One of the first public officials to wade in was Comptroller Peter Franchot, whose office has responsibility for promulgating regulations for an activity such as daily fantasy if there's a need. In November, Franchot said daily fantasy should be reviewed. In 2012, when the fantasy law was passed, the daily version of fantasy sports was brought to the attention of Franchot's office, but in published reports, it wasn't clear back then whether the Comptroller's office saw a need to take any action.
Franchot's recent pivot caused FanDuel, one of the DFS industry leaders, to try to rally popular support among its customers by urging them in an email to contact the Maryland Comptroller's office "to tell him that fantasy sports should be regulated and protected in Maryland, not banned."
Meanwhile, Frosh's advisory letter, which is expected to be issued sometime in January, is likely to affect some action.
When the 2012 fantasy sports law was sailing through the General Assembly, Frosh was the only senator to vote against it. Frosh is known for a consistent position opposing the authorization of any type of gambling.
However, as the state attorney general, he must weigh the state law passed in 2012 against the notion of whether daily fantasy represents an expansion of gambling and, as such, whether it needs to go to referendum.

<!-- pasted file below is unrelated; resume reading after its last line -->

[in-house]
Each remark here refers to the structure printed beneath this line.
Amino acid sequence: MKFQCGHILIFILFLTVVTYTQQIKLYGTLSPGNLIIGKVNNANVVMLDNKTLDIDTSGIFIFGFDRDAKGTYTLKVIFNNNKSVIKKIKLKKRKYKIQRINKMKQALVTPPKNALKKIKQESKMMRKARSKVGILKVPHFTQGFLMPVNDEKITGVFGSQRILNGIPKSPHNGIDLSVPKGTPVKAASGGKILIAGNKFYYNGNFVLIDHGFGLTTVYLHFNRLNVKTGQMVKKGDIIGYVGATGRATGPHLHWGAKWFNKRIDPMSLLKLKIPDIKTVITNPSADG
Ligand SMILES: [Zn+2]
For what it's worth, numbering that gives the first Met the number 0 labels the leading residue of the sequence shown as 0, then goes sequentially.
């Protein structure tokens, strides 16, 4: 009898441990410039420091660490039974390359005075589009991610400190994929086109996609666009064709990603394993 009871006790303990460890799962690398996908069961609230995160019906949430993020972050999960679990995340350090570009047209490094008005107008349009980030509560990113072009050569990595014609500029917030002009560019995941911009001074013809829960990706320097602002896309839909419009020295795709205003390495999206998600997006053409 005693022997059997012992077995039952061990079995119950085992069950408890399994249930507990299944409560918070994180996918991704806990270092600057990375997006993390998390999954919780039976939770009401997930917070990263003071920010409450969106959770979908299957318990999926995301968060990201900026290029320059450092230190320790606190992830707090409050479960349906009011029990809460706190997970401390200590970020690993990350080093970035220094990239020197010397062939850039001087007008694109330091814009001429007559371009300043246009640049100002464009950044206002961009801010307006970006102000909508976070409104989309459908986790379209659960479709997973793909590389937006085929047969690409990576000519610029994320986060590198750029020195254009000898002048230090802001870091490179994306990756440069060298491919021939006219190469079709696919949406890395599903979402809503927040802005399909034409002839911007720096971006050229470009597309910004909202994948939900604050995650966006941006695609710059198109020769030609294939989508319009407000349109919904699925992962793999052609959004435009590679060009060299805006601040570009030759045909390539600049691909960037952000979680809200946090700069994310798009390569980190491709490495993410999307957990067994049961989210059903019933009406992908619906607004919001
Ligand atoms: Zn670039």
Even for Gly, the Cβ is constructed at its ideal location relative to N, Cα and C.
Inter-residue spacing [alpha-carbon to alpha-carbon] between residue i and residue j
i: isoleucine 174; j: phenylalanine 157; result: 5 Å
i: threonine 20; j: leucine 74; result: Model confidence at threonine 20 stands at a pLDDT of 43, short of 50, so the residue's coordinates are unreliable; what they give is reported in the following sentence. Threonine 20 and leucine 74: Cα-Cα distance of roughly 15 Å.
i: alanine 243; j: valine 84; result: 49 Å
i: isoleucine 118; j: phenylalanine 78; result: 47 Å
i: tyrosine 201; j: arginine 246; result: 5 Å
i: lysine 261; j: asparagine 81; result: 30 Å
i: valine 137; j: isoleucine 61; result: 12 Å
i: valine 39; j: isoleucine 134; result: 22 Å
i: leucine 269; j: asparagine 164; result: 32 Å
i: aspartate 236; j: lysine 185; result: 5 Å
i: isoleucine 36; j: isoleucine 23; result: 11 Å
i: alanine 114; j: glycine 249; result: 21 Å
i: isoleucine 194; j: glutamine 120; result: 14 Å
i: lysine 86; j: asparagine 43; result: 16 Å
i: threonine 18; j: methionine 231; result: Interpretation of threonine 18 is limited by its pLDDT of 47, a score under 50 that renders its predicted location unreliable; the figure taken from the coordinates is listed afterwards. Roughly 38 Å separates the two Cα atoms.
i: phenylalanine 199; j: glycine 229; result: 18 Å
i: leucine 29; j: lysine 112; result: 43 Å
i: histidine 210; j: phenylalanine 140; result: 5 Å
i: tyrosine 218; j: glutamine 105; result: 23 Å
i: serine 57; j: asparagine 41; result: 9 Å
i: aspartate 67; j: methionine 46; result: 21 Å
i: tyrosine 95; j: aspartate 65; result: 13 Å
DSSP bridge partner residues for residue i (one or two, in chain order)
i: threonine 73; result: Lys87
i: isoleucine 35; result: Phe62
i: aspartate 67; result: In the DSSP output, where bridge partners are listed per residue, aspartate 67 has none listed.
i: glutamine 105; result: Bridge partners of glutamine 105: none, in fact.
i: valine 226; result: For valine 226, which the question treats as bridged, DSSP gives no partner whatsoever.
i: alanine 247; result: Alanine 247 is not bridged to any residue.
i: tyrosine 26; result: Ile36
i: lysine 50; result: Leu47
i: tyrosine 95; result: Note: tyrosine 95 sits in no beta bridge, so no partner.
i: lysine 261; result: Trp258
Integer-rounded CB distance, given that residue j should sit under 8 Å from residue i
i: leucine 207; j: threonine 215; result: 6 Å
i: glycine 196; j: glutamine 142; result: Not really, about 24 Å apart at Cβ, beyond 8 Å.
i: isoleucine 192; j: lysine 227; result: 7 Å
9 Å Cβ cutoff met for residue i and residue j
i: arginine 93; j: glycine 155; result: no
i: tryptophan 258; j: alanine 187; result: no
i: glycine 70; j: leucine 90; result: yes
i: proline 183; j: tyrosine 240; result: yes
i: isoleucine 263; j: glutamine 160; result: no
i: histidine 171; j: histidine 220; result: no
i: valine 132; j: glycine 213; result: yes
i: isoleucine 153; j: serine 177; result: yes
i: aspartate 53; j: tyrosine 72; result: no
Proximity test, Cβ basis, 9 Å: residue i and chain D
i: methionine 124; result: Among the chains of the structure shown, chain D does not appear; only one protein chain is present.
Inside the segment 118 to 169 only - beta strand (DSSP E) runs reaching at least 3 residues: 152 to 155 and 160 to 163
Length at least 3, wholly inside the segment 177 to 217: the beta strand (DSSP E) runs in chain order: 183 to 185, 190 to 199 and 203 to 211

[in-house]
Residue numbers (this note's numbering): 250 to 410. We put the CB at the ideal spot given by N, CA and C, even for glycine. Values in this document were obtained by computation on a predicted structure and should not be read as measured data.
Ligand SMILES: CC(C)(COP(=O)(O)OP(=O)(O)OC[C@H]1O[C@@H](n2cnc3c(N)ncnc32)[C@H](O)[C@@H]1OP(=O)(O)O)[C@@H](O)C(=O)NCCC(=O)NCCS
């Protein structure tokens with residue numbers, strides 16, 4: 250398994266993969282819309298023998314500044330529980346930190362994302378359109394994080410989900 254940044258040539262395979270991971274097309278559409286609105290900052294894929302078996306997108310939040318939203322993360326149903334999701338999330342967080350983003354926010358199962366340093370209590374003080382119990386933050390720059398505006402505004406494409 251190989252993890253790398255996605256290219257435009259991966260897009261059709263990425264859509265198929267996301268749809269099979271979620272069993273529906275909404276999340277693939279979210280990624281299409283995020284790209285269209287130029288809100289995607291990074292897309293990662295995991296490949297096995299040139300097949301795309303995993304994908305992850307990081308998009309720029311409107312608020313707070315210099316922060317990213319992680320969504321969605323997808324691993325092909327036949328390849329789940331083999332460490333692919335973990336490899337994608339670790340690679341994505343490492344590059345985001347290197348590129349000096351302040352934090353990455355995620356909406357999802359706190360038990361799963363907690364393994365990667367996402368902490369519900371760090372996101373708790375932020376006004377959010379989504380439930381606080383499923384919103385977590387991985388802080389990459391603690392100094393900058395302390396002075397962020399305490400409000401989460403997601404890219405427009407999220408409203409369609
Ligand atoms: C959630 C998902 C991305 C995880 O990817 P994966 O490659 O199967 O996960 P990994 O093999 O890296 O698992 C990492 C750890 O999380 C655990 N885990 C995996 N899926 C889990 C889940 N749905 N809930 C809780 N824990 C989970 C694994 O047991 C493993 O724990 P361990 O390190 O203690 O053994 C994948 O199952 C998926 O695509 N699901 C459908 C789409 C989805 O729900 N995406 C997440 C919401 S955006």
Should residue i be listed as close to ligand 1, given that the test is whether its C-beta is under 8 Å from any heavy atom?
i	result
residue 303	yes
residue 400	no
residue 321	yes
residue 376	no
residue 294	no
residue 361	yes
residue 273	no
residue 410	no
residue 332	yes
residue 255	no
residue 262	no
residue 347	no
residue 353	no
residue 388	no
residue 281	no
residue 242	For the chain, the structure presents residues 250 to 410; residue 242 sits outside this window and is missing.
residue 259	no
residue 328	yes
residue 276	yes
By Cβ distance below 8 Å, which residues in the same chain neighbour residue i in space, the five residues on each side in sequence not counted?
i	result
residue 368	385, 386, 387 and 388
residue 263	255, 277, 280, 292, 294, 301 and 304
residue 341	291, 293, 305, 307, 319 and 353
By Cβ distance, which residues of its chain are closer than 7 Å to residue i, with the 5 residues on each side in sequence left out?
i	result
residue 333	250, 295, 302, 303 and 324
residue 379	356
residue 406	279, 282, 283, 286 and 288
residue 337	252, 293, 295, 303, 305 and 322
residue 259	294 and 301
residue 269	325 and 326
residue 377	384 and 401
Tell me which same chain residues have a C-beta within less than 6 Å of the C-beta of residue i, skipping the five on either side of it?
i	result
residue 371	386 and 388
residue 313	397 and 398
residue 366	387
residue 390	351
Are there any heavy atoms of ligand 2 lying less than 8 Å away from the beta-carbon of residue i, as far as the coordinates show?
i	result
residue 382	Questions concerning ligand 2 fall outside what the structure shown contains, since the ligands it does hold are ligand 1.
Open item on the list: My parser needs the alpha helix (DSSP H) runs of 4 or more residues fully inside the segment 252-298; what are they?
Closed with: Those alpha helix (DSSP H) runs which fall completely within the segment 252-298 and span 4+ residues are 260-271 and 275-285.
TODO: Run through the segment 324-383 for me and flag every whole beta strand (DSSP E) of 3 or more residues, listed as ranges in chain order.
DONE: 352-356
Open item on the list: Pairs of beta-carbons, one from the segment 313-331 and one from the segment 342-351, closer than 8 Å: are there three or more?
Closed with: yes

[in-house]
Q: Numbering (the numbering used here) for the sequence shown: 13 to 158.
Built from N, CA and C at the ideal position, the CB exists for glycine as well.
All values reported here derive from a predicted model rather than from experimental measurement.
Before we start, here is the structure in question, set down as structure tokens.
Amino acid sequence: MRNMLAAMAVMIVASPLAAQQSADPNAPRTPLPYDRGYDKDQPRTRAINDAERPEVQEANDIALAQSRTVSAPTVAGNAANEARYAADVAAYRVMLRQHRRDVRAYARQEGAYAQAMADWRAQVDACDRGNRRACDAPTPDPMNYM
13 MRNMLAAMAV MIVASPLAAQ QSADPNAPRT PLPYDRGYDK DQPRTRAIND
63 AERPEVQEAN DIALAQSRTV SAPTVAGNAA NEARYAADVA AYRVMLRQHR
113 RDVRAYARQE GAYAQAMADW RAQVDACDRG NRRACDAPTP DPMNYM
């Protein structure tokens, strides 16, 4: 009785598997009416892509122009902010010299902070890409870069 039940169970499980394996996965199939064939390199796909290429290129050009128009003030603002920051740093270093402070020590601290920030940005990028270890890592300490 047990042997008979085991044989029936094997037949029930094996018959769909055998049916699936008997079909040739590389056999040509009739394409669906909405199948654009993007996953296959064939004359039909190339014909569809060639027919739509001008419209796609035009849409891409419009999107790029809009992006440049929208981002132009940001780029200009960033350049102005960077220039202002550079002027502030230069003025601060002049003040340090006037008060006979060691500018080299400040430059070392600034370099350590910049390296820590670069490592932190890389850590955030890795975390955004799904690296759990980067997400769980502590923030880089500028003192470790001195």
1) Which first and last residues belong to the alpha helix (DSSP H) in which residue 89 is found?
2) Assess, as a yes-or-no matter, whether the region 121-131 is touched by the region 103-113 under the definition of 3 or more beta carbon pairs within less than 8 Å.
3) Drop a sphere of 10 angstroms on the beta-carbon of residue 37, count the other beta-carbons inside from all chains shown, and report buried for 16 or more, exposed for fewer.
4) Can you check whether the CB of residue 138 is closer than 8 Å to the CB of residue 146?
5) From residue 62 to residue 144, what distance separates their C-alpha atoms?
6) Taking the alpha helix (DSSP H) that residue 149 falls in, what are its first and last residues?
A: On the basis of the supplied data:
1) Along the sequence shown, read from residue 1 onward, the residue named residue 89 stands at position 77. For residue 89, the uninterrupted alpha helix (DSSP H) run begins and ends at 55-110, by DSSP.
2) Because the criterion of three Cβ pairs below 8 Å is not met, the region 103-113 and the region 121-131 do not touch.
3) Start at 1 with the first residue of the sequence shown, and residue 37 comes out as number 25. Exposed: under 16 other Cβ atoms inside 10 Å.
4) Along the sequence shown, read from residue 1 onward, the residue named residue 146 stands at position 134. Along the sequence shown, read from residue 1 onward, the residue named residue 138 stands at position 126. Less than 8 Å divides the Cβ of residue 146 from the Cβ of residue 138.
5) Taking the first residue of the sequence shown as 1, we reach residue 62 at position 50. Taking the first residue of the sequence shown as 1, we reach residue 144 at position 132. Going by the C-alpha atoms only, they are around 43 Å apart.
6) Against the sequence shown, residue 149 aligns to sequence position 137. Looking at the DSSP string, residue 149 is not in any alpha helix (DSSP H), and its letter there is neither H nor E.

The key in all this is timing.
There are legislators, such as Del. Eric Luedtke (D-Montgomery), who seem inclined to take the position that daily fantasy sports is the type of activity folks should be able to enjoy if they choose with the proper safeguards in place. Luedtke is a co-chairman of the Joint Committee on Gaming Oversight that has responsibility for implementing new gaming-related laws.
If Frosh offers an opinion that more action should be taken in order for daily fantasy companies to continue operating in Maryland, it will come at a point when legislators will have just started the 2016 General Assembly session (Jan. 13-April 11) and they'll be able to do something about it if they choose.
As is the case with many of the challenges faced by the daily fantasy sports industry, there's no sure thing here. But if one is a daily fantasy advocate and enjoys playing the contests, there is some reason for optimism that there are legislative remedies available to deal with the legal problems DFS may be running into in Maryland and elsewhere.
And make no mistake; the battles in other states are equally important for daily fantasy players here, because to be able to enjoy DFS to the fullest, there needs to be participants from all over the country. Eliminating larger states, such as New York or Illinois or even California, would hobble the industry and make the contests far less appealing, because a smaller pool of players would result in shrinking the range of contests, meaning types and price points.
Yes, there were far more uplifting sports stories in 2015 -- the triumphant U.S. women's soccer team and the bay colt that made thoroughbred racing history -- but those are already consigned to the scrapbooks of our memories. The story of daily fantasy has many chapters yet to be written.
Bill Ordine is the author of a recently released book on daily fantasy, "Fantasy Sports, Real Money."